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It is cheaper  to buy Chang Mai hillside tribe products in Chatuchak weekend market in Bangkok (biggest market ever)  than it is in Chang Mai.

Putting on sarong pants is more complicated than it looks. There are rules for the placement of the knots and folds. They are different for men and for women. Sexual orientation  is also shown by the placement of the knots.

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Ayutthaya was the old capital of the Thai kingdom  resembling a  graveyard of temples and headless Buddhas (beheaded by the Burmese in the thirteenth century) and ruins showing what it might have looked like.

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Thai people  greet and bow in the traditional way with palms touching. Most people great each other in this way and say “sa wat de kah”   It is based on the ancient Thai  culture. They were always working in the rice fields and their hands were dirty so this became the most polite greeting.

Thailand is the only country in Southeast Asia that has never been under foreign control. Burma and  Malaysia were part of the British empire. Laos and Cambodia were under French control. (Putthaya)

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Condensed milk is a staple in Thailand and Thai coffee. You can find it in every Seven Eleven and in bulk at Tesco.

An ice cream sandwich in Thailand is ice cream between two pieces of white bread. They don’t serve bread with meals but rice instead.

Thai is a tonal language which means one word can have many meanings depending on how it is pronounced. Thai people think is very funny the way we pronounce Kwai in Bridge on the River Kwai. Apparently the way we say it, it means  male sex organ.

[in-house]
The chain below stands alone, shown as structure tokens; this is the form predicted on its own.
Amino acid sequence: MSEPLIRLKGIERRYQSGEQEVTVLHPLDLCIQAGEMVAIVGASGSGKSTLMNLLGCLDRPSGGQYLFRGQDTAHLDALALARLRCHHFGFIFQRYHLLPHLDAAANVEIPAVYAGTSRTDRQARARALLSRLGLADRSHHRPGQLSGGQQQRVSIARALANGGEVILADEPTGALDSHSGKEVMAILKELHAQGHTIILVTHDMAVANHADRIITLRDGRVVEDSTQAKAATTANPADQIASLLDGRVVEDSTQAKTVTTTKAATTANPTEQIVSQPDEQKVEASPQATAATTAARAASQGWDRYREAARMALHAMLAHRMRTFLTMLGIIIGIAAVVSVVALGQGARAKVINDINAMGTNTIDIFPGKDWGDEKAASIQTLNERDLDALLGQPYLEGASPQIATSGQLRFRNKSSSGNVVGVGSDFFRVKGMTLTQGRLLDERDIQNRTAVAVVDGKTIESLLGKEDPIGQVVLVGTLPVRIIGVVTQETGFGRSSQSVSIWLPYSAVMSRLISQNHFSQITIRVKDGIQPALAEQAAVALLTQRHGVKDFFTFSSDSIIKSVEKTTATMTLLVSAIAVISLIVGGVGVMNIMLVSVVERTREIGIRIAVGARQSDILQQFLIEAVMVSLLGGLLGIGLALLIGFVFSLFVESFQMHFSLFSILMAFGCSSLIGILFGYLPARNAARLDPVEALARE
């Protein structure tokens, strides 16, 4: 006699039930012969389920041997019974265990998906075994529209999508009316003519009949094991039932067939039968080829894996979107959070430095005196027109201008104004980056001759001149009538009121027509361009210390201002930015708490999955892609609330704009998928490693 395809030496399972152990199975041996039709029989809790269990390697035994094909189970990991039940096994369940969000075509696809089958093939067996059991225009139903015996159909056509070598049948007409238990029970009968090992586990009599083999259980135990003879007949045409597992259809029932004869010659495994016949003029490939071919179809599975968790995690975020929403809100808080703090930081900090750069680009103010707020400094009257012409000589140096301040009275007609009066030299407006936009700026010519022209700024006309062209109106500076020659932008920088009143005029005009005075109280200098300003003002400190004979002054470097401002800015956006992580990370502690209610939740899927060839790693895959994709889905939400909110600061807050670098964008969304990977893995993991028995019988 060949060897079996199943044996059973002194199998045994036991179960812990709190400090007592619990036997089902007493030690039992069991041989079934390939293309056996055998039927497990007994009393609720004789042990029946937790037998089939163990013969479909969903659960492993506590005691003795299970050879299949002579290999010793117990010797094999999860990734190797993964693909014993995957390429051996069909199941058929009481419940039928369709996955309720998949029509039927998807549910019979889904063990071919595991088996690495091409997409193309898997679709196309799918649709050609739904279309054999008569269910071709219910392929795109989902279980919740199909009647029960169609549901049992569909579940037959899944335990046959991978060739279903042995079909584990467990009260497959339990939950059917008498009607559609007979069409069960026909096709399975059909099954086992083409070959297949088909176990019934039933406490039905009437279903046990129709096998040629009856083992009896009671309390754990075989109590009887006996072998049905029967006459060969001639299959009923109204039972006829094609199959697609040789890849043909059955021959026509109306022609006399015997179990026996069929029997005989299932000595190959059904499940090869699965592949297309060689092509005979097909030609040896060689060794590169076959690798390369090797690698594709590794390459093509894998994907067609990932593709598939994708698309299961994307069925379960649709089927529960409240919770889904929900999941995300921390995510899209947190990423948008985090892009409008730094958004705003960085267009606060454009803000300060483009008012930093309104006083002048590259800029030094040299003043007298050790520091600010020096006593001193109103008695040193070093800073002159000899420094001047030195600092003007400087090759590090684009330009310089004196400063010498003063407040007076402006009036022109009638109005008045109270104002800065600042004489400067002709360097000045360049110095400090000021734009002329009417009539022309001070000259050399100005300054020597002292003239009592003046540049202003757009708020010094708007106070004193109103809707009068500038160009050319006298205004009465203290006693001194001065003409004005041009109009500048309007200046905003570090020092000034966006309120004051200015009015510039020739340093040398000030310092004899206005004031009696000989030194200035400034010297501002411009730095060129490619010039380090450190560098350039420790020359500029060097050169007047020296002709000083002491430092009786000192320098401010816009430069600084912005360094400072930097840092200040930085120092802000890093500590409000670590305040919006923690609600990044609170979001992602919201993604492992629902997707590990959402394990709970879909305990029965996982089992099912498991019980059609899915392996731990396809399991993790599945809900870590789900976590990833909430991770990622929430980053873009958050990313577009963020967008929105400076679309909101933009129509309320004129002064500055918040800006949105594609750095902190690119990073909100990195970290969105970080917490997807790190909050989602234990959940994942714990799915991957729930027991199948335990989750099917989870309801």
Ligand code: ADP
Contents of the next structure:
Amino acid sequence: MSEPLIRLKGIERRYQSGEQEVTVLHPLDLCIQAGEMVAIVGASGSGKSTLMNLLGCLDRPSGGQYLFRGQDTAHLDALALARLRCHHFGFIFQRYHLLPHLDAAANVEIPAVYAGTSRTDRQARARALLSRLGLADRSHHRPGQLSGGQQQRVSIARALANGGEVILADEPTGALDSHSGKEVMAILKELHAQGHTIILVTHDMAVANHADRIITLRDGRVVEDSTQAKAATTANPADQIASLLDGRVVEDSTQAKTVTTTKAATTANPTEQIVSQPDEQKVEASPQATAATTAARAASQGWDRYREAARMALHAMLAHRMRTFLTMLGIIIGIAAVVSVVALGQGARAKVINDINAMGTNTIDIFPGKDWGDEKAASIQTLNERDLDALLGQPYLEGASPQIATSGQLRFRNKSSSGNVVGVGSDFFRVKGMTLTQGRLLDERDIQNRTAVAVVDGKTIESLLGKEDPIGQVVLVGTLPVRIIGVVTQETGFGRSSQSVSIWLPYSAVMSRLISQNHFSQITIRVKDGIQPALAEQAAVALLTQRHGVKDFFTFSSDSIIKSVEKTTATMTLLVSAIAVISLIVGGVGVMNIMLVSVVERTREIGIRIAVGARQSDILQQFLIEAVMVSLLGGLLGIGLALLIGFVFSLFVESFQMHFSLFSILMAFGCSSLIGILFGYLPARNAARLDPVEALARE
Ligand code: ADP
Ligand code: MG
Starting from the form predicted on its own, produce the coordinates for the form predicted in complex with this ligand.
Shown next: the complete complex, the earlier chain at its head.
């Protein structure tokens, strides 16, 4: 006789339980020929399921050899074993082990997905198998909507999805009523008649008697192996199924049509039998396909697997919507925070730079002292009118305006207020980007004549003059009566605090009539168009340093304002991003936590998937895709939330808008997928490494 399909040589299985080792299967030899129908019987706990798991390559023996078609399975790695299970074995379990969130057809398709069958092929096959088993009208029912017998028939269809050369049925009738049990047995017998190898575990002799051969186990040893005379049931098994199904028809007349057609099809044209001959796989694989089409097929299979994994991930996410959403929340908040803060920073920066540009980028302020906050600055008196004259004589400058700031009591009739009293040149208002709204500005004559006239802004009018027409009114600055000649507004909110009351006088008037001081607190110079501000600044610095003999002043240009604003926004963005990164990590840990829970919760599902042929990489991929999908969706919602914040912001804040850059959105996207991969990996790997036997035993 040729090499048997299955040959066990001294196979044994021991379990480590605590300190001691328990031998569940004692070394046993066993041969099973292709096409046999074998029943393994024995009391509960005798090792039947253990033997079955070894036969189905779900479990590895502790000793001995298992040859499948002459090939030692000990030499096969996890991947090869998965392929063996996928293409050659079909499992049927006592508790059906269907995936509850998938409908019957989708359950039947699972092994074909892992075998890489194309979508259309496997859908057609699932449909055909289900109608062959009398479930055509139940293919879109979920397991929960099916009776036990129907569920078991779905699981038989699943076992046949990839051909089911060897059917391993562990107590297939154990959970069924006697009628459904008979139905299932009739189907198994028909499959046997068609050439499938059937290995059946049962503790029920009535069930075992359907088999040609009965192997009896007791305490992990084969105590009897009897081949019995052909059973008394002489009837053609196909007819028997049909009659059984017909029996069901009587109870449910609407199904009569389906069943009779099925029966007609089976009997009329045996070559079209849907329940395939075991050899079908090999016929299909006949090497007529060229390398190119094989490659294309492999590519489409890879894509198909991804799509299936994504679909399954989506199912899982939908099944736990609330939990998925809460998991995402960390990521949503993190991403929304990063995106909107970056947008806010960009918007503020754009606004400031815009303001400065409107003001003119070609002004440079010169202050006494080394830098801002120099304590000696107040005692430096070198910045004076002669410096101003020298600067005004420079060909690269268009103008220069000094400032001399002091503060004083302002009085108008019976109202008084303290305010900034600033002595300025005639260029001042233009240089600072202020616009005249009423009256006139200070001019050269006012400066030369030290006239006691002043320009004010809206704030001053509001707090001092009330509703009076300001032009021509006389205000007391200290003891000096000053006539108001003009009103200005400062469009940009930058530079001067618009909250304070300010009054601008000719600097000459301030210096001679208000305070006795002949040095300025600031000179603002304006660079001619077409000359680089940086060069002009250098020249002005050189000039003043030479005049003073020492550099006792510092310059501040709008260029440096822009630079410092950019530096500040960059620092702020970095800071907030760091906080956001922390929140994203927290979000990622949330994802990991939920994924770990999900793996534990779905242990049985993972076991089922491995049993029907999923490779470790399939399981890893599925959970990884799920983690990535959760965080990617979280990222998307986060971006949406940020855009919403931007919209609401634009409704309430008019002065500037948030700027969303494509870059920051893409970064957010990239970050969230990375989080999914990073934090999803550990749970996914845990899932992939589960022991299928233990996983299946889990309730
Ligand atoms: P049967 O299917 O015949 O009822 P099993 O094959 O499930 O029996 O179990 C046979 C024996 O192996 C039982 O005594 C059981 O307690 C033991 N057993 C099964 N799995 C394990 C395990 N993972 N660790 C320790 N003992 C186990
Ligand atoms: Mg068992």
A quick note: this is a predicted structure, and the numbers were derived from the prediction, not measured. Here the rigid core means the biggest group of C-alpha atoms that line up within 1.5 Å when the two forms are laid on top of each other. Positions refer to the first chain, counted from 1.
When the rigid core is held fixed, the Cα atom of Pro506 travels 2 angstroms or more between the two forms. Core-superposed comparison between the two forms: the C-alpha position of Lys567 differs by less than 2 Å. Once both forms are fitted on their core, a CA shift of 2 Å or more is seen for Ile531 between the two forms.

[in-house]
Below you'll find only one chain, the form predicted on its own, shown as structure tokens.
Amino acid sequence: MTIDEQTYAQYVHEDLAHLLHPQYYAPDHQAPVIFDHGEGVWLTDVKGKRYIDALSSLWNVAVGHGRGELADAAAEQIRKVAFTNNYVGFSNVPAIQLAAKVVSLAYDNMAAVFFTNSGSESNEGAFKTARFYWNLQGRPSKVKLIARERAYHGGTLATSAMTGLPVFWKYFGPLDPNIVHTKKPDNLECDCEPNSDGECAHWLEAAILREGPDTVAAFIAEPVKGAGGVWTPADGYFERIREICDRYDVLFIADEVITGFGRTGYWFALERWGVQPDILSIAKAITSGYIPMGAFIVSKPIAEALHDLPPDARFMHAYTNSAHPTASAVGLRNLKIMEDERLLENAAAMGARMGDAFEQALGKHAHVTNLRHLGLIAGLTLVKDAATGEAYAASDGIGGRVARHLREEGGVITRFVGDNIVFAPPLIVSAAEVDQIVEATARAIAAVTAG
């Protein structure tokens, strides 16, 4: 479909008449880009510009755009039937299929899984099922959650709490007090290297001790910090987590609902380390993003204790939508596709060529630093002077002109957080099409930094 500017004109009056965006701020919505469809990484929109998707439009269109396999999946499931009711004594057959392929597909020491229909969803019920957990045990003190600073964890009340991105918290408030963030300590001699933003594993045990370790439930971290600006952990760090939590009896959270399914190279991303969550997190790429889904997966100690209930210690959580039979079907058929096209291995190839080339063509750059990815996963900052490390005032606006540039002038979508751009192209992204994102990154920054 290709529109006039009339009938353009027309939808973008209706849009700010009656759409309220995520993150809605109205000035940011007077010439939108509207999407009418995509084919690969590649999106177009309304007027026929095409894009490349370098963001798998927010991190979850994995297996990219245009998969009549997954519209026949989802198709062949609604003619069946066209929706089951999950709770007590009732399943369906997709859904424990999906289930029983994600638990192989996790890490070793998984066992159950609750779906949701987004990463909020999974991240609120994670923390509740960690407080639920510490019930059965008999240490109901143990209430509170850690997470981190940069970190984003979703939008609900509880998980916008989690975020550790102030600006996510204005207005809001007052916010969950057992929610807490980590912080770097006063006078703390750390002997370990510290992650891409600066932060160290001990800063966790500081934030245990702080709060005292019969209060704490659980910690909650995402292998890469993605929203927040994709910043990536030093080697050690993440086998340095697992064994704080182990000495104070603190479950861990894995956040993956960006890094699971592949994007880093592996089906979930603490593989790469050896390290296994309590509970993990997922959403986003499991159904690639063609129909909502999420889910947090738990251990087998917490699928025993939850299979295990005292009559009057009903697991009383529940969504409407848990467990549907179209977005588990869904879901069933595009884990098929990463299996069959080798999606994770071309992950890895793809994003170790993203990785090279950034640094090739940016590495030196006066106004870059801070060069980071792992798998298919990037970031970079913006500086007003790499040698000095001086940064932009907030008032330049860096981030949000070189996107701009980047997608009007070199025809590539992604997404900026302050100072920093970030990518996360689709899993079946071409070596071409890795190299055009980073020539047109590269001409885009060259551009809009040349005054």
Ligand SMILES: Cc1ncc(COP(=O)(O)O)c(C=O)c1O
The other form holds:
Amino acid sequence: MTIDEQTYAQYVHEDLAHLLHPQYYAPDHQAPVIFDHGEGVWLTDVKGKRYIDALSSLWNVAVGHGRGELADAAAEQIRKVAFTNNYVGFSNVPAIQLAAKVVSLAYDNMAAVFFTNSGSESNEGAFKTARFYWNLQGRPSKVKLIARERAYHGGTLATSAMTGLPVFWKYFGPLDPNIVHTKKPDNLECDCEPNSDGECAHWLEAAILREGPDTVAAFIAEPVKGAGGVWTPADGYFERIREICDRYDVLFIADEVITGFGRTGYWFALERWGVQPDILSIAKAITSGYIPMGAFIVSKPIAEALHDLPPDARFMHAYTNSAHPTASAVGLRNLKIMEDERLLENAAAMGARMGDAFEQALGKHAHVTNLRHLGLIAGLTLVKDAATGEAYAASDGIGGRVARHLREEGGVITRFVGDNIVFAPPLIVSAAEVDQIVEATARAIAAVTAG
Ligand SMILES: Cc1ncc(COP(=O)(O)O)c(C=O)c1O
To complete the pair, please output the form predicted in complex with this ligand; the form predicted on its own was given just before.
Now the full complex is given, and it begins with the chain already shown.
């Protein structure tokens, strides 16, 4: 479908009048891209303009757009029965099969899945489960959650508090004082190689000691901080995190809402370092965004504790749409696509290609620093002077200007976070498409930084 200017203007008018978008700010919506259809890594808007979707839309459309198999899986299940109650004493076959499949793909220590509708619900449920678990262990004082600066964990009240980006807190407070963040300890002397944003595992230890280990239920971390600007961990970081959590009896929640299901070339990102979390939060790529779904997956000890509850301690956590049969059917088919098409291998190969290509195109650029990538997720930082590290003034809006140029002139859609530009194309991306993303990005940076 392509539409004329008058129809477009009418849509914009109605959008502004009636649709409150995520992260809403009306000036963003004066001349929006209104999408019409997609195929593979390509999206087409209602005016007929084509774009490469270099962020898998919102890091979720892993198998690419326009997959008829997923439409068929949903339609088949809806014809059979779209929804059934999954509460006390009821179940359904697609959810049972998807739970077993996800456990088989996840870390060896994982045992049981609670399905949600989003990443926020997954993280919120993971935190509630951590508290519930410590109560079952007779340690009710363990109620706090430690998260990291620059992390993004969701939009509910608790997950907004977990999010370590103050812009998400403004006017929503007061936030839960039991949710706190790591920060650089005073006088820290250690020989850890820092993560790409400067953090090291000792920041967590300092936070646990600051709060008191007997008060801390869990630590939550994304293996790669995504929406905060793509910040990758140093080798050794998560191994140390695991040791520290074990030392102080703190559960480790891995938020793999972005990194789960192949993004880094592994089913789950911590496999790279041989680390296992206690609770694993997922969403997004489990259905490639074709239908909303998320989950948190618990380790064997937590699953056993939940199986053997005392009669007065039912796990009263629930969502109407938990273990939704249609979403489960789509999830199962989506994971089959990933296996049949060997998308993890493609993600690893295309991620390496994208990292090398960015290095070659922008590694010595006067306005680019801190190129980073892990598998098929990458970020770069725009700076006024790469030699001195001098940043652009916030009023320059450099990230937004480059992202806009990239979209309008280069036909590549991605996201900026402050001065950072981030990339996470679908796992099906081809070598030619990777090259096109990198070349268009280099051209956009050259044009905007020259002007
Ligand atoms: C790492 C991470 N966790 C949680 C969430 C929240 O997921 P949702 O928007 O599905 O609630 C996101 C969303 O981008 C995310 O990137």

Thai people eat most of their food with a spoon in their dominant hand and a fork in the other. Chopsticks are only served for soup..

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95 per cent of the people are Buddhists.

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Thailand was called Siam until 1939.

Shopping at Siam Paragon and MBK are just like shopping in any other huge shopping mall.

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The first Thai massage school was started 417 years ago at the Pho temple in Bangkok. People today still learn the same techniques and the original drawings show that each part of the body has a meaning.

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In Bangkok, “best quality fakes” are near “best quality hotels.”  It does involve hidden stores behind other stores up staircases in back alleys  but one block from the Shangri La Hotel and Penninsula ferry stop.

In ballet, the shape of the feet is important, in Thai dancing it is the shape of the hands, the length of the fingers and if they are double jointed, that is the most important.

It is often nicknamed as the “Land Of Smiles,” because of the perceived gentleness of its people. The country is really populated by smiling, inviting, and receiving people. Thais are really gentle, polite, soft-spoken, friendly, and hospitable human beings. (great tour guide Gift  www.privatetourthailand.com)